We take end of life care very seriously in our intensive care unit. When a patient dies, this usually only happens after we have discussed in a group and agreed that continuing intensive care will no longer improve the patient’s chances of survival and hence has become “futile”. When this is the case, we decide on therapy withdrawal. At least three senior physicians need to agree on such a decision, in accordance with the patient’s referring physician and the nursing team. Every day, there’s a patient that needs this discussion and nobody can decide this alone. Junior physicians join these meetings to learn how difficult this aspect of intensive care is.


What Sort of Financial Tasks Prove Challenging?

I’m responsible for our profit and loss account and financial management issues take too much of my time, at least in my view. I’m lucky to be able to count on my head nurses among whom there is one who is particularly interested in the government specifications on billing and costs etc. This type of support with the financial administration from within the team is really helpful and very much appreciated. Keeping an a c t i v e r e s e a r c h group going and reaching the high standards of international top-level research also requires finding the necessary budgets externally, or negotiating with the hospital management to re-invest profit into research. Recently, our hospital management has shown more interest in this concept and there is now a competitive system for different departments to submit research proposals.


The highest cost in intensive care is nursing. We’ve recently performed a study aiming to develop an adequate, objective tool to assess nurse workload. This is mandatory in order to optimally allocate the scarce nursing staff within the different ICUs in our hospital. Optimising this tool will help us in decision making regarding the level of patient care and nurse allocation.


How do You Manage Your Personnel?

As a manager of an ICU, one has to be able to motivate a large group of people to reach perfectionism in their work under very difficult circumstances. Indeed, an ICU must function as a team with one collective and primary goal: helping the sickest patients in their struggle for survival at a time when they depend entirely on us as caregivers.


One example of an intervention that helped to improve teamwork was the delegation of handling the admission requests. Senior personnel are appointed admitters of the day or week, in rotation. Everyone now understands the speed required for decision making and the practical and ethical difficulties involved. The person responsible for admissions discusses this in the daily meetings and we take decisions as a group. Making everyone feel the responsibility of this triage task has improved patient flow-through substantially. Similar team efforts contribute to financial administration, designing the department teaching curriculum, shift rotas and researching equipment proposals. I also try to allocate more responsibilities to the nursing team, particularly for tasks that I know they can do much better than physicians can. I give them public recognition for this whenever I have the opportunity to do so and in particular at international symposia. The insulin treatment for reducing mortality was handled by nurses; this is only one of their important contributions to critical care. Recording routine protocols on line has been another main target, so that junior physicians can check on how something is usually done and then discuss potential deviations with their supervisors. Standard protocols also allow nursing staff to contribute more independently.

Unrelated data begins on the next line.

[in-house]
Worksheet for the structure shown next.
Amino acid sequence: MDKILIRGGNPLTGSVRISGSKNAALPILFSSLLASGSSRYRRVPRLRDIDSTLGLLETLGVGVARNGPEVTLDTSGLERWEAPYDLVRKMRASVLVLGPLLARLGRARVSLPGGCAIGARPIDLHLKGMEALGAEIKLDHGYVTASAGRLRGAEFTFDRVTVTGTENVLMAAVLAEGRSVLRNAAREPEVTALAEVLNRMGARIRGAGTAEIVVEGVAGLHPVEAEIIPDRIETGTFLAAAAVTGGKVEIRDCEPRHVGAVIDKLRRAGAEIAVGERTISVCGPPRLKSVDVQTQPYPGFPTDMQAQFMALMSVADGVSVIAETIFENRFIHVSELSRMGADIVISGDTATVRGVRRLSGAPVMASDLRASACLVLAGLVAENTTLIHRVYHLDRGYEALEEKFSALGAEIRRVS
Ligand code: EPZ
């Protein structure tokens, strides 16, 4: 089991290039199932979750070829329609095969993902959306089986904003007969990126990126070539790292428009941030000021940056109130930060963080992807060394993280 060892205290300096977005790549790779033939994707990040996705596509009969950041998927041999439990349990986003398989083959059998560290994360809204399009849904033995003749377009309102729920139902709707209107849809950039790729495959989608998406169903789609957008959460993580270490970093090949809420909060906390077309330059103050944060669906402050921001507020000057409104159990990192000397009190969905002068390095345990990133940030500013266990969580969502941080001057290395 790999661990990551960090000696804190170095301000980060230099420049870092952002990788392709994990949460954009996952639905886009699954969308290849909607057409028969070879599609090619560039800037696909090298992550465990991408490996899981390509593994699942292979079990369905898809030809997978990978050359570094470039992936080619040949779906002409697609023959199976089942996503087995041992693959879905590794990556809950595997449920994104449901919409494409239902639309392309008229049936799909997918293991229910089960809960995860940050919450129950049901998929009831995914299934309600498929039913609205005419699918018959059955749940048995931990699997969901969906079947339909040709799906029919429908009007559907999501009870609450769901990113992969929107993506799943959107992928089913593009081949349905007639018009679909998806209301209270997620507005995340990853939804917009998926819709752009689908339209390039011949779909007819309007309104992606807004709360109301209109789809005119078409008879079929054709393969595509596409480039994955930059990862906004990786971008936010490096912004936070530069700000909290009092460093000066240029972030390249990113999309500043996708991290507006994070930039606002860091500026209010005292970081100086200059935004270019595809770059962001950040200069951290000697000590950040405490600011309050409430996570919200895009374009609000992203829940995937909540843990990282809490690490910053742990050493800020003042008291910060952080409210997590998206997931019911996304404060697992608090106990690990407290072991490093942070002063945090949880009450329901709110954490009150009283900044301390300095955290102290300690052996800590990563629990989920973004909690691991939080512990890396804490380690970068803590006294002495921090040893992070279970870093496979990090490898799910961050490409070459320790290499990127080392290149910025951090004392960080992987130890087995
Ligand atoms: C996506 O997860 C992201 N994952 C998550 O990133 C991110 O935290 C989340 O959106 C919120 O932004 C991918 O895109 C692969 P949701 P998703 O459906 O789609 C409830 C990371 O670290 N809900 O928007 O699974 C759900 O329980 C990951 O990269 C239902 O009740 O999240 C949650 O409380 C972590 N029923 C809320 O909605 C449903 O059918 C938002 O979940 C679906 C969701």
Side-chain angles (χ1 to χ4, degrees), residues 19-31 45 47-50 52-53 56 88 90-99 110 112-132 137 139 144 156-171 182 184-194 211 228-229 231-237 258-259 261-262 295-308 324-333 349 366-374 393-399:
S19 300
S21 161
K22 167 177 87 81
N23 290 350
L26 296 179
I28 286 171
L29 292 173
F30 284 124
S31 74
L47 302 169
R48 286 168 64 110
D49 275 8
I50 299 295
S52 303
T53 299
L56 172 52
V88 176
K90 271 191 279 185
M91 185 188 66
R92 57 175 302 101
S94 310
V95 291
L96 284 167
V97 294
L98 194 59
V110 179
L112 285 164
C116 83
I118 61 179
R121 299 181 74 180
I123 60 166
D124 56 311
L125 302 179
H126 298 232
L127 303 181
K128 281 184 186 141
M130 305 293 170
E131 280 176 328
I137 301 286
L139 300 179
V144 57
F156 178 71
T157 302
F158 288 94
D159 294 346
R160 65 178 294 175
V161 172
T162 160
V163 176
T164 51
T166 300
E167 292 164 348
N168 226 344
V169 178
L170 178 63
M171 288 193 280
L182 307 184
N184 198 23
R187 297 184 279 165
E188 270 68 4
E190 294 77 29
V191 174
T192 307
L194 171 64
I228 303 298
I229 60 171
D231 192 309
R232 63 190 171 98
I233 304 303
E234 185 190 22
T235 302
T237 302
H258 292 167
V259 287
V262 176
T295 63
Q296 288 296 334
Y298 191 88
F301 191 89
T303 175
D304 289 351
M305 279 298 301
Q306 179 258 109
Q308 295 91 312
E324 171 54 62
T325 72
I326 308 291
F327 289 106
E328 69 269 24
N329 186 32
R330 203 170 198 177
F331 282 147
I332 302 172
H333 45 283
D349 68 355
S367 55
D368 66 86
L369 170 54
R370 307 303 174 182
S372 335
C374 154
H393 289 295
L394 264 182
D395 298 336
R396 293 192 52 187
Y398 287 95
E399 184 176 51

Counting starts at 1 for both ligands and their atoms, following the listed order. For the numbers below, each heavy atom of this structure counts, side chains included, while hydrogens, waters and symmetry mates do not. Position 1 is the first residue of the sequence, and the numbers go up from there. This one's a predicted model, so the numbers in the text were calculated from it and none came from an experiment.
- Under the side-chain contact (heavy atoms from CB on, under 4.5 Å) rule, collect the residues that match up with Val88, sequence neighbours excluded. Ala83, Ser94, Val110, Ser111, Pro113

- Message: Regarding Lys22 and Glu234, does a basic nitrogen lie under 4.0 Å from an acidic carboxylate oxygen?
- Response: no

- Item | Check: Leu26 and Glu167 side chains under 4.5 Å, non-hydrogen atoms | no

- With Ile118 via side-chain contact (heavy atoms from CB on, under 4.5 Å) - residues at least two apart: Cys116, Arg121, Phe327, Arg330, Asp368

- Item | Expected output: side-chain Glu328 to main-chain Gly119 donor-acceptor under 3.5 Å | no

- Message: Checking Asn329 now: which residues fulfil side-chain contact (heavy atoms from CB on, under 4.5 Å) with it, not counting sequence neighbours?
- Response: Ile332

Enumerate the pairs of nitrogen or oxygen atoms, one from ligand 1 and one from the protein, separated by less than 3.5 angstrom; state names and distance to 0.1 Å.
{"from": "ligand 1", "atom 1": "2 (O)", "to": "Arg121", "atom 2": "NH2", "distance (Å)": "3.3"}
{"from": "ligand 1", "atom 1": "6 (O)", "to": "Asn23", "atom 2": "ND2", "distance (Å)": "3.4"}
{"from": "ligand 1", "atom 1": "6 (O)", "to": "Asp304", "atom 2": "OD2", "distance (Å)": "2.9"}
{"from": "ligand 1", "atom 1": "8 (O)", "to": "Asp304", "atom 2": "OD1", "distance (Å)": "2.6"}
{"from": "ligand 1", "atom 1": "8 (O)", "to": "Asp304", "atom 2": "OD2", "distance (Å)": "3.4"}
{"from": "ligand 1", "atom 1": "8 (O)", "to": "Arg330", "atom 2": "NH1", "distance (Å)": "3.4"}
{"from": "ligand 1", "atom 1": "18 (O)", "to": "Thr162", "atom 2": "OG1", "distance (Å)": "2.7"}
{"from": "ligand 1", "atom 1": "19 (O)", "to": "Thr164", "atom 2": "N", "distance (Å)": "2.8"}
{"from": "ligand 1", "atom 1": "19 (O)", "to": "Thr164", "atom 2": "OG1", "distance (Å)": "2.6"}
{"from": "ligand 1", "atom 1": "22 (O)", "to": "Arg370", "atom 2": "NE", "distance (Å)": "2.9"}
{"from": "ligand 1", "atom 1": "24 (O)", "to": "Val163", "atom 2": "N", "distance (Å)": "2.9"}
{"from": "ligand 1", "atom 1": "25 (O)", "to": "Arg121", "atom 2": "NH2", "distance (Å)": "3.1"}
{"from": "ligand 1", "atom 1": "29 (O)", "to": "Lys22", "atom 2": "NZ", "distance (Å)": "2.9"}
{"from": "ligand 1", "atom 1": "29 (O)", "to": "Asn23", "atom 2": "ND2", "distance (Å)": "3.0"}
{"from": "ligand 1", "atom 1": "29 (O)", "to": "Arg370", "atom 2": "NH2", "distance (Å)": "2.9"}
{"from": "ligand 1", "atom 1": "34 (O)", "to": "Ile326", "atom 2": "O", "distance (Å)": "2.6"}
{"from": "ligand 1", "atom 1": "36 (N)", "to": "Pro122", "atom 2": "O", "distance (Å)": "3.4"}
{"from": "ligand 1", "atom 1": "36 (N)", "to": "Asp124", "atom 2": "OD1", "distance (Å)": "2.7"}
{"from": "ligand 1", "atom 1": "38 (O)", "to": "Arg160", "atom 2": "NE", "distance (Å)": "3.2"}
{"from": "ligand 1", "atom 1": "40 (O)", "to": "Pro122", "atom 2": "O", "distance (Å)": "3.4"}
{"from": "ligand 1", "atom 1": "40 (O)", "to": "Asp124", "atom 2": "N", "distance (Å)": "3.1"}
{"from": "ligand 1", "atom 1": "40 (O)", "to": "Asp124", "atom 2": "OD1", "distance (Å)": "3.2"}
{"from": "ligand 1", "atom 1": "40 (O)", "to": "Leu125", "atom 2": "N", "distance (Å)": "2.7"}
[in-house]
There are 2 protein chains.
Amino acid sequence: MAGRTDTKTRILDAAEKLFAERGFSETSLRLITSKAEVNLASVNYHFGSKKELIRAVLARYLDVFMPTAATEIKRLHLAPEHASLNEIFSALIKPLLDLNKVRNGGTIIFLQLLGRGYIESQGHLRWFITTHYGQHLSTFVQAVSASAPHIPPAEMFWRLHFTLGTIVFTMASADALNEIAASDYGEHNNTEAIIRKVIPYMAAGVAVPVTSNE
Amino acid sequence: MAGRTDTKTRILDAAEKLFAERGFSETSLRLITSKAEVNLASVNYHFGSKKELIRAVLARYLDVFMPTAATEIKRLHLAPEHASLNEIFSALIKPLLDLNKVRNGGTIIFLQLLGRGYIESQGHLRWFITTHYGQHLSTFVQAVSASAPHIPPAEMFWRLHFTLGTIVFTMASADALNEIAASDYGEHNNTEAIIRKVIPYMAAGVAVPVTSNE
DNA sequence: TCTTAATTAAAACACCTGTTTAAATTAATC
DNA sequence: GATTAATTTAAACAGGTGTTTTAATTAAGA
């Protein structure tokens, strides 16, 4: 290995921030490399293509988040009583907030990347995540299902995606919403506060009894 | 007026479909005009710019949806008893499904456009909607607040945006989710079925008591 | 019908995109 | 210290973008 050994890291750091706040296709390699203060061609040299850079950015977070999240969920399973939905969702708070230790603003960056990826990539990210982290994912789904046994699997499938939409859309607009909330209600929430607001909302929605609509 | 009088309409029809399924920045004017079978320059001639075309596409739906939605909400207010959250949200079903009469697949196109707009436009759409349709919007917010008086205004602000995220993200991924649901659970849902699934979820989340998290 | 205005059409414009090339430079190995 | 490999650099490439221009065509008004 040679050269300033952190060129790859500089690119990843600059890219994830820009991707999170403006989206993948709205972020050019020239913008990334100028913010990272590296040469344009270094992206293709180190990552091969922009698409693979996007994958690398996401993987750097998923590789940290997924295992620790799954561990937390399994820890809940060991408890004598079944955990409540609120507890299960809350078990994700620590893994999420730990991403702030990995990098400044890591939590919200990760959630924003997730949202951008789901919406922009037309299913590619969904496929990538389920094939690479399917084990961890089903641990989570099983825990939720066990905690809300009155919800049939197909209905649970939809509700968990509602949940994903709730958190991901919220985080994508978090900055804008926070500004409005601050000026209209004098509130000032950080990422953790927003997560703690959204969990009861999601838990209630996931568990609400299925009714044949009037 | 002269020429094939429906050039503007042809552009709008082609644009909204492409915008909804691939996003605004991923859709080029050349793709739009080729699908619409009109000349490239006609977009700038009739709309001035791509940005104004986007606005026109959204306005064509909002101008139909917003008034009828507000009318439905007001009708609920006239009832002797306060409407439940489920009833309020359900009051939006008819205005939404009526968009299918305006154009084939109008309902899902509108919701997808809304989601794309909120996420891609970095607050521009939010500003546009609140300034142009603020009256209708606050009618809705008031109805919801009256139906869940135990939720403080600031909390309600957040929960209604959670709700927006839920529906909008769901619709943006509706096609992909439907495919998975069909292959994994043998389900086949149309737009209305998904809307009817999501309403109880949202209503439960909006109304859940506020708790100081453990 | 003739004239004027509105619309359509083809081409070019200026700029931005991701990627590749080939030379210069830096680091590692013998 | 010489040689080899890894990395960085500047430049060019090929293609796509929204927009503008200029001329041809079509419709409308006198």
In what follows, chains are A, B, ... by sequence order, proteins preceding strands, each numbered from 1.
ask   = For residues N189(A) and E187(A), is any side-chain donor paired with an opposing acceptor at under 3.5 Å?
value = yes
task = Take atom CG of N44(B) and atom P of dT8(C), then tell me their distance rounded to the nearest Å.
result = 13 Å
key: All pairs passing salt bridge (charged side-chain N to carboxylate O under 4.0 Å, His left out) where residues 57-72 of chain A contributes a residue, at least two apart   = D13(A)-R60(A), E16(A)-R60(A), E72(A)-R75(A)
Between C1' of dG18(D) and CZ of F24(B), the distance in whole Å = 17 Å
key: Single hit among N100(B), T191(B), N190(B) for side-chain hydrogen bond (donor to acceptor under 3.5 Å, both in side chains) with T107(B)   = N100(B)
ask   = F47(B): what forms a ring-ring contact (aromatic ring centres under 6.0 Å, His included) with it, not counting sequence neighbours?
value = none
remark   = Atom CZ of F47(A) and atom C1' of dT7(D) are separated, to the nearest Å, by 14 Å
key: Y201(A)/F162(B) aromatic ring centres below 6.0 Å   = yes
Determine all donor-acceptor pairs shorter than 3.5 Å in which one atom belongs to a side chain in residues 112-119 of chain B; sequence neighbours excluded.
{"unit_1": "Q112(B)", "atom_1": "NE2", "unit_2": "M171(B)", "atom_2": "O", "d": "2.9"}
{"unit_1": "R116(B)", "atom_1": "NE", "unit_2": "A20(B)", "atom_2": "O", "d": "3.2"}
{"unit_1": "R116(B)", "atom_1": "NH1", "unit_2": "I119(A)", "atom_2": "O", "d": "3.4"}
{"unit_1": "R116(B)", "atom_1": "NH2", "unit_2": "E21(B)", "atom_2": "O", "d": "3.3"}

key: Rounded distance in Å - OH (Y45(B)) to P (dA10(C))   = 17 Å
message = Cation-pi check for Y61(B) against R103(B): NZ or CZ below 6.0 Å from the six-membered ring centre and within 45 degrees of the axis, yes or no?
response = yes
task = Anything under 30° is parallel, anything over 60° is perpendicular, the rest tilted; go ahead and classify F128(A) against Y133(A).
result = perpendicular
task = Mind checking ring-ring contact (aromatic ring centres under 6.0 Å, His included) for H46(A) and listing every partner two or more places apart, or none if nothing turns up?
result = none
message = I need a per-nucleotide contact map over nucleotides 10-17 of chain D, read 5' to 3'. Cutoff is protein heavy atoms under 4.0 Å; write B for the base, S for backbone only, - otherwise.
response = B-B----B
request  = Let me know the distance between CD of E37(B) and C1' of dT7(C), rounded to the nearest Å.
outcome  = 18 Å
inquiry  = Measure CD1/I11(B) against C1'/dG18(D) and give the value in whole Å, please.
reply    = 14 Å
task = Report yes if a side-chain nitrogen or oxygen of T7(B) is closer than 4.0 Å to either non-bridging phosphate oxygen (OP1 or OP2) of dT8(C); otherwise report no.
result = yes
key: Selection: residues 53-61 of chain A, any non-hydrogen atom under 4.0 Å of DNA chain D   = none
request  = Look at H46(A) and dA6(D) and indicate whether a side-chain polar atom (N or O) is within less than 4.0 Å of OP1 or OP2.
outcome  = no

Recruiting good medical staff is difficult. We have a queue of young applicants, but identifying those who excel in clinical work, teaching and research is not easy. We’ve therefore introduced a new level of temporary staff between the junior and senior members, who gain experience while they are evaluated on the job.


The best thing for the manager is to see the members of the team happy and successful in their work. They know clearly what their tasks are and what is expected of them. More importantly, perhaps, is that the team members know that their original contributions to the organisation and their efforts to improve patient care, teaching and/or research are highly appreciated. Perhaps this explains why turnover for nursing staff and physicians in our department is low compared with other units in Belgium. I think that people like to work here. So I think we’re doing pretty well actually...


Thank you for this insight into the management of your department

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IntervieweeG. Van den Berghe, M.D.,Ph.D.Head of the Department ofIntensive CareMedicine, University HospitalGasthuisberg, Catholic University of Leuven, Be